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FDNS Exam 5 Study Guide

by: Bridget Ochuko

FDNS Exam 5 Study Guide FDNS 4050

Marketplace > University of Georgia > FDNS 4050 > FDNS Exam 5 Study Guide
Bridget Ochuko
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These notes reflect the lecture slides and commentary during lecture. We focused on adult nutrition and intervention for conditions, including notes from a movie shown and notes from a guest lecture.
Nutrition Life Span
Alex K. Anderson
Study Guide
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This 27 page Study Guide was uploaded by Bridget Ochuko on Monday November 9, 2015. The Study Guide belongs to FDNS 4050 at University of Georgia taught by Alex K. Anderson in Fall 2015. Since its upload, it has received 57 views.


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Date Created: 11/09/15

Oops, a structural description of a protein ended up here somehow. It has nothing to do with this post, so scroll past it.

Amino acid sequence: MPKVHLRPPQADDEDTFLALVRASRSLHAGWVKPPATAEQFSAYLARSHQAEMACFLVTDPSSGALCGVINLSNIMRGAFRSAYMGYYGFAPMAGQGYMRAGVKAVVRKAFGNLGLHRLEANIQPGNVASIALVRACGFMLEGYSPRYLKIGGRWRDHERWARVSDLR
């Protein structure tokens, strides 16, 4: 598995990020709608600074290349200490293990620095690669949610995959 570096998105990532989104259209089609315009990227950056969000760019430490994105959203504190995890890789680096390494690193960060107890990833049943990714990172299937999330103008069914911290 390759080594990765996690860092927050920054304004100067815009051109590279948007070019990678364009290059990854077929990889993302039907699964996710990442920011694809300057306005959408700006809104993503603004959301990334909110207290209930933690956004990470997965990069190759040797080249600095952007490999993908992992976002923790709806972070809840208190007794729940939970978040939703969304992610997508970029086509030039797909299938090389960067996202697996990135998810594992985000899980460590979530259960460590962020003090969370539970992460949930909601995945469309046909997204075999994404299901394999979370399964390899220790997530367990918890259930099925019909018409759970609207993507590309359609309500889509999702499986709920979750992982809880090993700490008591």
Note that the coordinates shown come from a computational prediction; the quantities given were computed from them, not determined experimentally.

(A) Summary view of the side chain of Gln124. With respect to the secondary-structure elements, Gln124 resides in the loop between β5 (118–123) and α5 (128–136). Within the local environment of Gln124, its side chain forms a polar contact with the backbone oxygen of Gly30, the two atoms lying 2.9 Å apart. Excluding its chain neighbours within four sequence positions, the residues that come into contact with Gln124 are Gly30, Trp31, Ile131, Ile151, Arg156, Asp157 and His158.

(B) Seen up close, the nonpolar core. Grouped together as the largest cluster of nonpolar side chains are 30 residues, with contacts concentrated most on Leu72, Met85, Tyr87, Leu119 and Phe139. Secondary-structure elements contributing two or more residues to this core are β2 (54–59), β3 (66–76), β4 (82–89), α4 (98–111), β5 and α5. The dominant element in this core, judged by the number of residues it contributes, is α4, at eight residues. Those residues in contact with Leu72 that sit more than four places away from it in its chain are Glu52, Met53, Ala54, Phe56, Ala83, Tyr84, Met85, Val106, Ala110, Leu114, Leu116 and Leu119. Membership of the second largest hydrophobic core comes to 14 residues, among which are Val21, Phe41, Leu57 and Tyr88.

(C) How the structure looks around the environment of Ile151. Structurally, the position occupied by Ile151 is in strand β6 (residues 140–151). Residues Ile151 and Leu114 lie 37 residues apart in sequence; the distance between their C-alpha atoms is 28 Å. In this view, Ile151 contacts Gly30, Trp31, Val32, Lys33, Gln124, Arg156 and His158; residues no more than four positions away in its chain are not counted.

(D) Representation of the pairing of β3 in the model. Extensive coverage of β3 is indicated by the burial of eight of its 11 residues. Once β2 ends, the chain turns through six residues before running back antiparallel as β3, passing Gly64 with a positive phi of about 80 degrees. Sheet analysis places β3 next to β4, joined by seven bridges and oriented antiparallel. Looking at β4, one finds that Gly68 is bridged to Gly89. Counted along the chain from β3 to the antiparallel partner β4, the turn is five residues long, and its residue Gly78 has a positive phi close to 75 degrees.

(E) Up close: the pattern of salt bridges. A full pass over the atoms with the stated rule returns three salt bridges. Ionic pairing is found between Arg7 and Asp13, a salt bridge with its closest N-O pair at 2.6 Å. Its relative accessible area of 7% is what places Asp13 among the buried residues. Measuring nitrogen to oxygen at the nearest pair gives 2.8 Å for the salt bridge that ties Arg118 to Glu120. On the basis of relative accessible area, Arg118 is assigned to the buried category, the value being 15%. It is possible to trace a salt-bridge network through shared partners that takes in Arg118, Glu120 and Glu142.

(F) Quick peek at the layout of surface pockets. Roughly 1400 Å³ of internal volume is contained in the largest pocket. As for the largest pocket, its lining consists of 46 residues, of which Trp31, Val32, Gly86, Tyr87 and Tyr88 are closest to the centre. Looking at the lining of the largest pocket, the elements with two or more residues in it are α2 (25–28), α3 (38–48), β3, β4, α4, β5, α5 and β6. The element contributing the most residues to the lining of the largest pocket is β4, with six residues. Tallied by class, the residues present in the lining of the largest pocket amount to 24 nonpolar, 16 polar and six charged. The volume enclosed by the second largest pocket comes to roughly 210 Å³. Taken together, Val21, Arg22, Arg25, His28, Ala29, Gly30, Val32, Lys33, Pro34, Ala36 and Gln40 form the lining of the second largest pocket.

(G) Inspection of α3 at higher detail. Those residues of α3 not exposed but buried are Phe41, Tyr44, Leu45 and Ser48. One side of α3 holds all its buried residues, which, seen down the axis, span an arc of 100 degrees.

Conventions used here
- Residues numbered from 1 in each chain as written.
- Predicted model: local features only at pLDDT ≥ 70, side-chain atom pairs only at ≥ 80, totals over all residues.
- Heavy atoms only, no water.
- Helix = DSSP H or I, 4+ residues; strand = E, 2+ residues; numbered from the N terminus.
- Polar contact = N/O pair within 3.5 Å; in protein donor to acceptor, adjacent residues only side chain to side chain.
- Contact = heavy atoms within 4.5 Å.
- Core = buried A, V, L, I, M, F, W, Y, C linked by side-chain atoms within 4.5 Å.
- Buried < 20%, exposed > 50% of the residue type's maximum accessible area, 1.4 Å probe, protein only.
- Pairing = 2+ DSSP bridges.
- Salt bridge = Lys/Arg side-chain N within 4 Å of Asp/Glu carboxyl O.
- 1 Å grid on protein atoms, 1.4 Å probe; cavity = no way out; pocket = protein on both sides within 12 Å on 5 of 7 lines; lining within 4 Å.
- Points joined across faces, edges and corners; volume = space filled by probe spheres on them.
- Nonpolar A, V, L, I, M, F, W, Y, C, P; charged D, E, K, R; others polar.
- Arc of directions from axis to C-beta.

FDNS Exam 5 Study Guide 11/10/2015 ▯ Eating Disorders and their Management ▯ Introduction  Eating disorders are psychiatric disorders with significant medical and psychosocial complications that affect approximately 5 million Americans. Primarily adolescent girls and young women  A number of factors can drive individuals to develop an eating disorder  Much more common among females than males  Core of treating eating disorders: the individual must own up and realize that they have an eating disorder  Unlike other conditions, eating is a necessary bodily function in order to survive o Individuals with an eating disorder may have difficulty admitting that they have a problem ▯ Eating Disorders (ED) or Disordered Eating (DE)?  Disordered eating is fairly common o 65% DE o 10% ED o 75% total unhealthy relationship with food/physical activity  Most everyone engages in some type of disordered eating (65-70%) o Example: binge eating  Eating disorders are actually the disorder that can negatively affect one’s life o Common problem but we tend not to talk about it or pay attention to it ▯ Continuum of Weight-Related Concerns and Disorders  Clinically significant eating disorders: anorexia, bulimia, or bing eating  Body dissatisfaction leads to dieting behaviors which leads to disordered eating and ultimately clinically significant eating disorders ▯ Etiology and Course of Eating Disorders  Eating disorders have multifactorial etiologies which include: o Sociocultural o Genetic o Family o Personality factors: excessive exercise, self-esteem, body image  Environmental factors: o Food availability and accessibility:  Obesity paradox: those who are food insecure are obese because they eat calorie dense foods o Media influences o Societal and cultural norms o Food availability and accessibility  Family factors: o Family dynamics  Mother’s weight has a big influence on child’s weight mentality  Weight-related behaviors of parents and siblings  Feeding behaviors reinforced during childhood and adolescence  Interpersonal factors: o Peer norms and behaviors: wanting to fit in o Abuse experience: common in women young girls who were sexually abused as children to develop eating disorders because it is the one way she can control her body  Personal factors: biological, psychological, knowledge, attitudes, and behaviors ▯ Dieting Behaviors  Dieting and unhealthy weight control behaviors may increase chance of future overweight or obesity  Effective nutrition messages should focus on lifestyle changes  Adolescents with low levels of body satisfaction are more likely to use unhealthy weight control behaviors and participate in less physical activity ▯ Disordered Eating Behaviors  Anorexic or bulimic behaviors—with less frequency or intensity = unable to do a formal diagnosis  Most frequently used behaviors: o Vomiting o Laxatives o Fasting or extreme dieting o Excessive exercise  Three Main Eating Disorders: o Anorexia nervosa: characterized by extreme weight loss, poor body image, and irrational fears of weight gain and obesity o Bulimia nervosa: characterized by recurrent episodes of rapid uncontrolled eating of large amounts of food in a short period of time frequently followed by purging o Binge-eating disorder: characterized by periodic binge eating not followed by vomiting or use of laxatives  Two types of anorexia o Restricting anorexia: the individual does not eat or eats very little o Non-restricting: the individual eats and then purges themselves; might binge eat prior to the purge; what the individual eats is much smaller than what purging bulimics eats  Two types of bulimia o Purging: as soon as the individual binge eats, they will find a way to purge the food: either through laxatives or vomiting o Non-purging: binge eat for some time, then go days without eating  Bulimics tend to have normal weight or could even be overweight  Binge eaters must binge eat at least twice a week for a substantial amount of time ▯ Prognoses  Anorexia Nervosa: o ~10% to 15% die from the disease o Deaths related to:  Weakened immune system  Gastric ruptures  Cardiac arrhythmia  Heart failure  Suicide o Early diagnosis and treatment improves chances for recovery o Recovery rates:  <50% fully recover  ~33% show improvement  ~20% chronically affected  Bulimia Nervosa: o ~2-3% die from disease o Recovery rates:  ~48% full recovery  ~26% improvement  ~26% chronicity ▯ Treating of Eating Disorders  A multidisciplinary team approach  Team may consist of: o Physician o Dietitian o Nurse o Psychologist o Psychiatrist o Social worker  Anorexics goal is to first restore their weight, then normalize their eating behaviors  Bulimics first step in recovery is to normalize eating habits, and then educate them  Emphasize that physical activity is for health, not weight  Typical approaches to treatment: o Setting depends on client’s medical stability, motivation to participate in treatment, social support situation, and other factors  Level 1: Outpatient  Level 2: Intensive Outpatient  Level 3: Partial Hospitalization/Full-Day Outpatient Care  Level 4: Residential Treatment Center  Level 5: Inpatient Hospitalization  Goal of eating-disorder treatment programs: o Restore body weight o Improve social and emotional well-being o Normalize eating behaviors  Core components of programs: o Treatment of medical comorbidities o Restoration of body weight to normal o Nutrition education and counseling o Individualized psychotherapy o Family therapy o Group therapy  Goal of Treatment from RD Perspective: o First goal is nutritional rehabilitation o End goals include:  Help client make peace with food, eating, weight, and physical activity  Promote eating and physical activity for health and not weight  Assist client in moving towards “intuitive eating” ▯ Eating Disorders among Adolescents  Eating disorders—a continuum ranging from body dissatisfaction to clinically significant eating disorders  Parents, peers, educators, and health care providers should take and important role to help decrease prevalence of eating disorders ▯ Preventing Eating Disorders  Programs that focus on changing weight-related attitudes of youth and promoted healthy weight-control strategies were found to be more effective  Effects have lasted up to 2 years  Characteristics of successful eating disorder prevention programs: o Target high-risk groups o Target adolescents > 15 years of age o Information provided by trained interventionists o Multiple sessions o Integrated interactive learning ▯ ▯ Adult Nutrition ▯ Definition of Adulthood in the Life Cycle:  Early adulthood—ages 20-39 years o Involve becoming independent and leaving the parental home o In the 20s, planning, buying, and preparing food are newly developing skills o In the 30s, renewed interest in nutrition “for the kids’ sake”  Midlife—ages 40-54 years o Period of active family responsibilities o Managing schedules and meals becomes a challenge o Time of reviewing life’s accomplishments and recognition of mortality  “Sandwich” generation—the 50’s o Many are multigenerational caregivers: juggle roles of caring for children and aging parents, while maintaining a career o Health concerns frequently are added  Chronic disease  Managing identified risk factors to prevent diseases  Later adulthood—age 65+ o Transition to retirement o More leisure time- greater attention to physical activity and nutrition o Food choices and lifestyle factor, especially for those with chronic disease ▯ Importance of Nutrition  The span of years between ages 20 and 64 is a time when the future course of health and wellness are influenced by: o Diet o Physical activity o Smoking/drinking o Body weight  How do food and nutrition enhance life? o Nutrition and exercise are among the main lifestyle factors that reduce risk of the onset and severity of 5 of the 10 leading causes of death:  Cancer  Heart disease  Stroke  Diabetes  Liver disease ▯ Health Disparities among groups of Adults  Some population groups have a higher prevalence of chronic diseases than others  Some groups have a genetic disposition for certain diseases  Genetics and environment interact ▯ Physiological Changes of Adulthood  Growing stops by the 20’s  Bone density continues until 30  Muscular strength peaks around 25 to 30 years of age o Decline in size and mass of muscle and increase in body fat  Dexterity and flexibility decline  Hormonal and Climacteric Changes o Women  Decline of estrogen leads to menopause  Increase in abdominal fat  Increase in risk of cardiovascular diseases and accelerated loss of bone mass o Men: gradual decline in testosterone level and muscle mass  Body Composition Changes in Adults o Bone loss begins around age 40 o Positive energy balance resulting in increase in weight and adiposity; decrease in muscle mass o Fat redistribution- gains in the central and intra-abdominal space, decrease in subcutaneous fat o Fat redistribution associated with increased risk of chronic disease  Hypertension  Insulin resistance  Diabetes  Stroke  Gallbladder disease  Coronary artery disease ▯ Continuum of Nutritional Status  Nutritional health can be viewed as a continuum from: “healthy” and resilient state to a “terminal state”- body system shut down and life ceases ▯ Estimating Energy Needs in Adults  Estimating energy needs based on BMR + TEF + Activity o Basal Metabolic Rate (BMR): daily BMR expenditure = 60-75% for involuntary processes o Thermic Effect of Food (TEF): metabolism of food ~10% o Activity thermogenesis: most variable component which accounts for 20-40% of total energy needs  Double labeled water (DLW) o Subjects are given a dose of “tagged” water o Excretion of isotopes in saliva and urine is used to calculate average energy utilization over several days o Used to determine estimated energy requirements (EER)  Indirect Calorimetry o Measurement of heat given off and utilized for the body’s metabolic processes o Indirect Calorimetry determines REE which is nearly = to BMR o The respiratory quotient (CO2/ O2) is used to estimate 24 hour energy expenditure  Mifflin-St. Jeor Energy Estimation Formula: validated and more accurate than old Harris-Benedict equation o Formulas are different for males and females o Weight must be in kilograms o Height must be in centimeters  “Ballpark” caloric levels o Simple calculation:  Weight maintenance = 15 calories per pound  Weight loss = 13 calories per pound  Weight gain = 17 calories per pound Energy Adjustments for Weight Change  1 lb of body fat = 3500 calories  Weight loss must be done gradually in order for the body to get used to it  Recommendation = lose about 1lb per week o Each day, must cut at least 500 cals/day in order to lose 1 lb per week o A combination of decrease intake and increased use (exercise) is one approach to use  Ideally, important not to cut out all 500 calories because it could affect micronutrient intake  At least 200 cals can come from exercise  A positive balance of just 100 extra calories per day will result in gain of 10 lbs in a year ▯ Macronutrients  Nutrients that produce energy: carbs, protein, fat  Carbohydrate recommendation is based on the DRI which is 130 g for both men and women  Protein recommendations are based on the RDA of 0.8 g/kg body weight  Grams of fat per day are not determinable but rather are recommended in terms of AMDR o Add on intake of fat based on carbohydrate and protein intake  Most fat should be unsaturated, limit saturated (7%) and trans fat intake (<1%)  Nutrient Recommendations o When looking at AMDRs, make sure to take into account certain risk factors and distribute calorie intake accordingly o AMDR’s:  Fat: 20-35% of calories  Carbohydrate: 45-65% of calories  Protein: 10-35% of calories ▯ Micronutrients  Most vitamin and mineral requirements for healthy people remain the same as they move throughout each life stage group ▯ ▯ Risk Nutrients  Certain nutrients exceed or fall short of recommendations: o Fiber o Vitamins A, D, and E o Folic acid o B12 o Choline o Calcium o Magnesium o Potassium o Sodium  Vitamin A and Sodium o In the US we exceed these nutrients ▯ Dietary Recommendations  Dietary guidance systems focus on: o Consuming greater amounts of:  Fruits, vegetables, fiber, and low-fat dairy product  Limiting saturated fat intake, trans fats  More nutrient rich foods, less sugar  Keeping sodium low  Regular physical activity o Energy intake balanced with energy expenditure = healthy weight  2010 Dietary Guidelines and MyPlate: o Enjoy food but choose wisely and eat less o Select a variety of foods o Get the most nutrition out of their calories o Stay within daily calorie needs o Consider shifting to a plant based diet ▯ Beverage Intake Recommendations  Recommendations in dietary guidance systems: o Consume fewer or smaller portions of beverages containing fats and added sugar o Plan beverage intake as part of total calorie intake o Make beverage choices that fit into the dairy, vegetable, and fruit groups  Alcohol o 61% of US adults drink alcohol o Nations vary on alcohol consumption guidelines  “If you drink, do so in moderation” o Recommendation: 2 drinks a day for men and 1 drink a day for women  Difference due to body composition and the ability to produce ADH o Varies between countries o A drink contains roughly 13-15 grams of alcohol or 0.5 oz of ethanol ▯ Water  Water should be considered one of the most important nutrients because humans can survive only days without it compared to weeks or months without food  Water should be our primary source of fluid o Every 1000 calories, should drink at least 1 liter of water o Intake Recommendations:  Based on median total water intake  Upper level for water intake not set but toxicity can occur  Total for adults:  Men = 3.7 liters  Women = 2.7 liters  Other fluids: o Diuretic effects of caffeine  While caffeine does act as a diuretic, the DRI committee concluded caffeine-containing beverages contribute to the total daily water intake ▯ Dietary Supplements and Functional Foods  Dietary supplements indicated: pregnancy, certain illness, low calorie or nutrient restricted diets  Survey data indicates that 44% of adult males and 53% of adult females take vitamin or mineral supplement nearly everyday o In America, those that take supplements tend to be food secure  Functional foods: term used for food products that have a physiological benefit or reduce the risk of chronic disease beyond basic nutritional functions o Functional food during adult years helps protect us a lot  Fermented foods considered functional foods because they have other health benefits ▯ Physical Activity Recommendations  Healthy eating and increased physical activity are the featured duo for combating obesity  Any physical activity is better than none  Physical activity helps to manage weight and reduce disease risk factors  At least 150 minutes/week of moderate intensity physical activity  Muscle strengthening activities 2 times a week  Regular physical activity leads to changes in body composition with reduced fat mass and increased lean mass  Even without caloric restriction, aerobic physical activity results in decrease of adiposity  Promotion of Physical Activity: Healthy People 2020 Objectives o Reduce proportion of adults who engage in no leisure-time physical activity o Increase proportion of adults who meet federal guidelines for aerobic physical activity and muscle-strengthening activity  Diet and Physical Activity: o Physical activity is supported by a general healthful diet o Competitive sports may have increased nutrient needs o Nutritional ergogenic aids:  Caffeine, sports drinks, protein powders, energy and gel bars  Few improve performance, may be harmful ▯ Nutrition Intervention for Risk Reduction  Many types of interventions o Individual counseling o Multi0component programs o Policy and system changes  A Model Health-Promotion Program: Sisters Together ▯ Public Food and Nutrition Programs  SNAP- food stamps  Government extension programs  Meals on Wheels  Soup kitchens and shelters for homeless ▯ Overall  Adults need: o Variety of healthful foods o Knowledge to guide food choices o Positive attitudes about food and eating o Balance with discipline  The message is to follow the principles of variety, moderation, and balance in choosing a diet ▯ ▯ Movie  When obese, hearts are much larger because they have to work so much harder to circulate blood around the body  The thickened wall causes the heart to be virtually ineffective over time  When enlarged, fat could accumulate around the heart  If too much blood plaque forms, it completely blocks the arteries to the heart  Early life experiences in the development of obesity has major consequences much earlier than we should see particularly in the arteries  High blood pressure is directly related to heart attacks and strokes  Hormones released from fat cells interact with heart and other organs that can affect them negatively  Deposit fat into visceral depot (readily mobilized, burned quickly)  Women rely on calories from hips and thighs to help with breastfeeding or retaining a pregnancy  Both males and females tend to store fat inside their abdomen, underneath the skin, liver, and stomach  Greater number of liver transplants due to cirrhosis- a stiff, diseased liver that is a result of fat being stuck on the liver due to obesity o Could be the leading reason soon that we’re doing liver transplants  If an obese person has normal liver fat, they can be relatively metabolically healthy  Once an obese person loses weight, the liver returns back to its original status with no fat ▯ ▯ Conditions and their Management during Adulthood ▯ Introduction  Life-style conditions, the leading causes of death in US adults, are the focus  Topics include: o Cancer o Cardiovascular diseases o Overweight and obesity o Diabetes o Metabolic syndrome o HIV/AIDS  Focus for adult nutrition is on weight management throughout the life cycle  Reduce risk of overweight and obesity: o Exercising at least 30 min/day for 5 days a week o Monitoring diet: limit saturated fat o Educate children on ways to be healthy in the future ▯ Overweight and Obesity  Over 1/3 of US adults are obese o Obesity results from long-term energy-in/energy o Obesity and overweight vary across age, gender, race, and income categories o The rate continues to increase for both overweight and obesity  Minorities have a higher risk of overweight and obesity  Low income families have higher risk of obesity due to food insecurity  30-34% of people in Georgia are obese  Central adiposity: distribution of body fat is a more important indication of health issues than BMI o Increased waist circumference = increased risk o Age, sex, and cultural differences  The Dietary Guidelines for Americans recommend weight reduction for those who are even mildly overweight ▯ Etiology of Obesity  Complex and chronic conditions  Stemming from numerous interacting factors: physiological, individual, and environmental  Overweight and obesity have multiple causes—not just over consumption  Loss of appetite control may be due to disturbances in hormonal controls of hunger and satiety o Adulthood is the time when diseases appear and medications can alter appetite  Environmental factors can contribute  Large waist circumference increases risk for diseases associated with obesity ▯ Exceptions for Use of BMI  BMI measures don’t accurately represent healthy weights of people who are: o Athletes with increased muscle mass o With decreased muscle mass o Dense, large bones o Dehydrated or over-hydrated  Body composition gives a better estimate of risks for a particular person  Underwater/hydrostatic weighing: gold standard for body composition measurements o Has its short comings because the individual’s weight must be measured in water by the displacement of water when submerged (volume): pregnant women cannot do this, difficult for elderly  DEXA: uses radiation to measure body composition o Determines whether excess weight is muscle mass or body fat  Air-displacement Plethysmograph: displacement of air o Bod Pod ▯ Bariatric Surgery  Candidates for bariatric surgery are those whose: o BMI > 40 o BMI > 35 with co-morbidities  Must be highly motivated for aftercare guidelines  Are at risk for micronutrient deficiencies  Pregnancy not advised for up to one year after because there is risk of micronutrient deficiencies Cardiovascular Disease  Diseases related to the heart and blood vessels  Associated with atherosclerosis o Consists of coronary heart disease o Cerebral vascular disease o Blood vessels in the legs  Hyperlipidemia and Hypertension—important factors in the progression of CVD  Prevalence of Cardiovascular disease (CVD) o Over 82 million adults o Men develop at younger age o Women catch up after menopause o Racial and ethnic differences occur  CHD—number 1 cause of death in US adults: progress is being made in reducing the deaths  CHD and stroke are characterized by atherosclerosis,-hardening of arteries, due to plaque buildup  Arteries narrow increasing risk of: o Myocardial infraction, which leads to the shut off of blood to heart (heart attack) o Stroke leads to blood shut off to cerebral artery of the brain  Cardiovascular Disease Risk: o Three modifiable health behaviors:  Poor nutrition  Lack of physical activity  Smoking  Etiology o Begins when substances like cholesterol, fatty acids, and calcium accumulate over injured arterial wall cells o Increased levels of homocysteine, inflammatory diseases, abnormal blood clotting factors, etc.  Effects: o Buildup of plaque and lesions leave less room for blood flow o Results may be:  Decreased blood flow to heart  Reduced energy  Decline in organ function  Inability to perform activities of daily living  Shortness of breath  Chest pain  Risk: o Dyslipidemia: increased LDL and decreased HDL cholesterol, increased triglycerides) o High blood pressure o Lifestyle factors o Obesity o Diabetes o Infection and inflammation  Nutrition Assessment o Food and nutrition history o Nutrition knowledge o Physical activity o Anthropometric measurements o Laboratory values o Medical and social histories  Primary Prevention o Principles of cardio-protective diet:  Emphasize plant foods  Appropriate fats  Fish and lean meat  Dairy  Following the DASH diet  Reducing overall sodium intake  Increasing physical activity  Moderation in alcohol consumption  Medical Nutrition Therapy o Therapeutic Life Changes(TLC)  Recommend for high risk individuals  Diet and lifestyle change is the cornerstone of therapy  Developed by the third NCEP Expert panel  Need to consider addition of stains if LDL increases  Nutrition Interventions o National Cholesterol Education Program  Total fat intake from 25-35% of calories  Dietary cholesterol <200 mg/day  CHO from 50-60% calories  Dietary fiber 20-30 g/day  Weight reduction for overweight and obese  >200 cal/day spent for physical activity ▯ Metabolic Syndrome  Seen in 1/3 of US adults  Metabolic abnormalities that increase risk of type 2 diabetes including: o Abdominal obesity o Increased blood insulin o Fasting glucose o Increased triglyceride levels o Increased blood pressure o Decreased HDL  Diagnosis made when individual has three of the symptoms ▯ Diabetes Mellitus  Definition: fasting blood glucose levels >125 mg/dL, hemoglobin A1c > 6.5%  Type 1: minimal or no production of insulin by pancreas; daily insulin injections required  Type 2: body’s inability to use insulin; most common type  Prevalence o ~25.6 million adults in US o ~79 million have pre-diabetes  Correlates with overweight and obesity  Most often people over 40 years  Increasing in younger adults and children o Higher in racial and ethnic minorities  Etiology o Type 1 = progressive autoimmune disease o Type 2 caused by insulin resistance + insulin deficiency o Adverse effects of high blood glucose:  Increased blood triglycerides  Increased blood pressure  Affects arterial walls  Screening and assessment needed  Nutrition assessment needed  Interventions o Clinical goals:  Normalize blood glucose and glucose metabolism  Prevent or slow the progression of diabetes complications  Treatment focus is to empower the person with diabetes to self-manage  Medical Nutrition Therapy: o Diet flexibility and individualization o May also need to add antihyperglycemic drugs o Use herbal remedies with caution ▯ Cancer  Definition: a group of diseases in which genes malfunction, resulting in unregulated cell growth and tumor formation  Carcinogenesis: the process by which normal cells are transformed into cancer cells  Etiology: o There are multiple stages o Initiation and progression of cancer linked to the following factors: environmental exposures, lifestyle, dietary constituents (promotion or inhibition) o 1.6 million people a year are diagnosed o Nearly 600,000 die from cancer o Majority of cancers develop in epithelial tissue o White women, black men—highest rate of new cancers  Risk Factors: o Smoking linked to 30% of cancers o Nutrition-related risks:  Obesity and insulin resistance  Increase alcohol consumption  Decrease intakes of fruits, vegetables, and calcium  To minimize these risks:  Maintain or reach healthy weight  Eat 2 ½ cups of fruits and vegetables daily  Limit processed and red meat  Alcohol in moderation, if at all  Exercise ▯ HIV/AIDS  US: over 1.1 million (13 years and older)  HIV is now a chronic condition managed by drug therapy  HIV infection raises energy requirements by 10%  Weight maintenance and adequate protein stores—increases survival  Nutrition Interventions o Maintain weight and nutritional status o Consume adequate protein and other nutrients o During early phase, adequate nutrient intakes to increase immune function and decrease susceptibility to infection o Choose calcium-rich foods and vitamin D to prevent progressive bone loss o Dietary strategies to manage symptoms of drug therapies o Even the best nutritional advice and self care cannot restore immune function o Nutritionally adequate diets can:  Help weight maintenance  Avoid depletion of nutrient stores  Increase level of control and sense of well-being ▯ ▯ ▯ ▯ ▯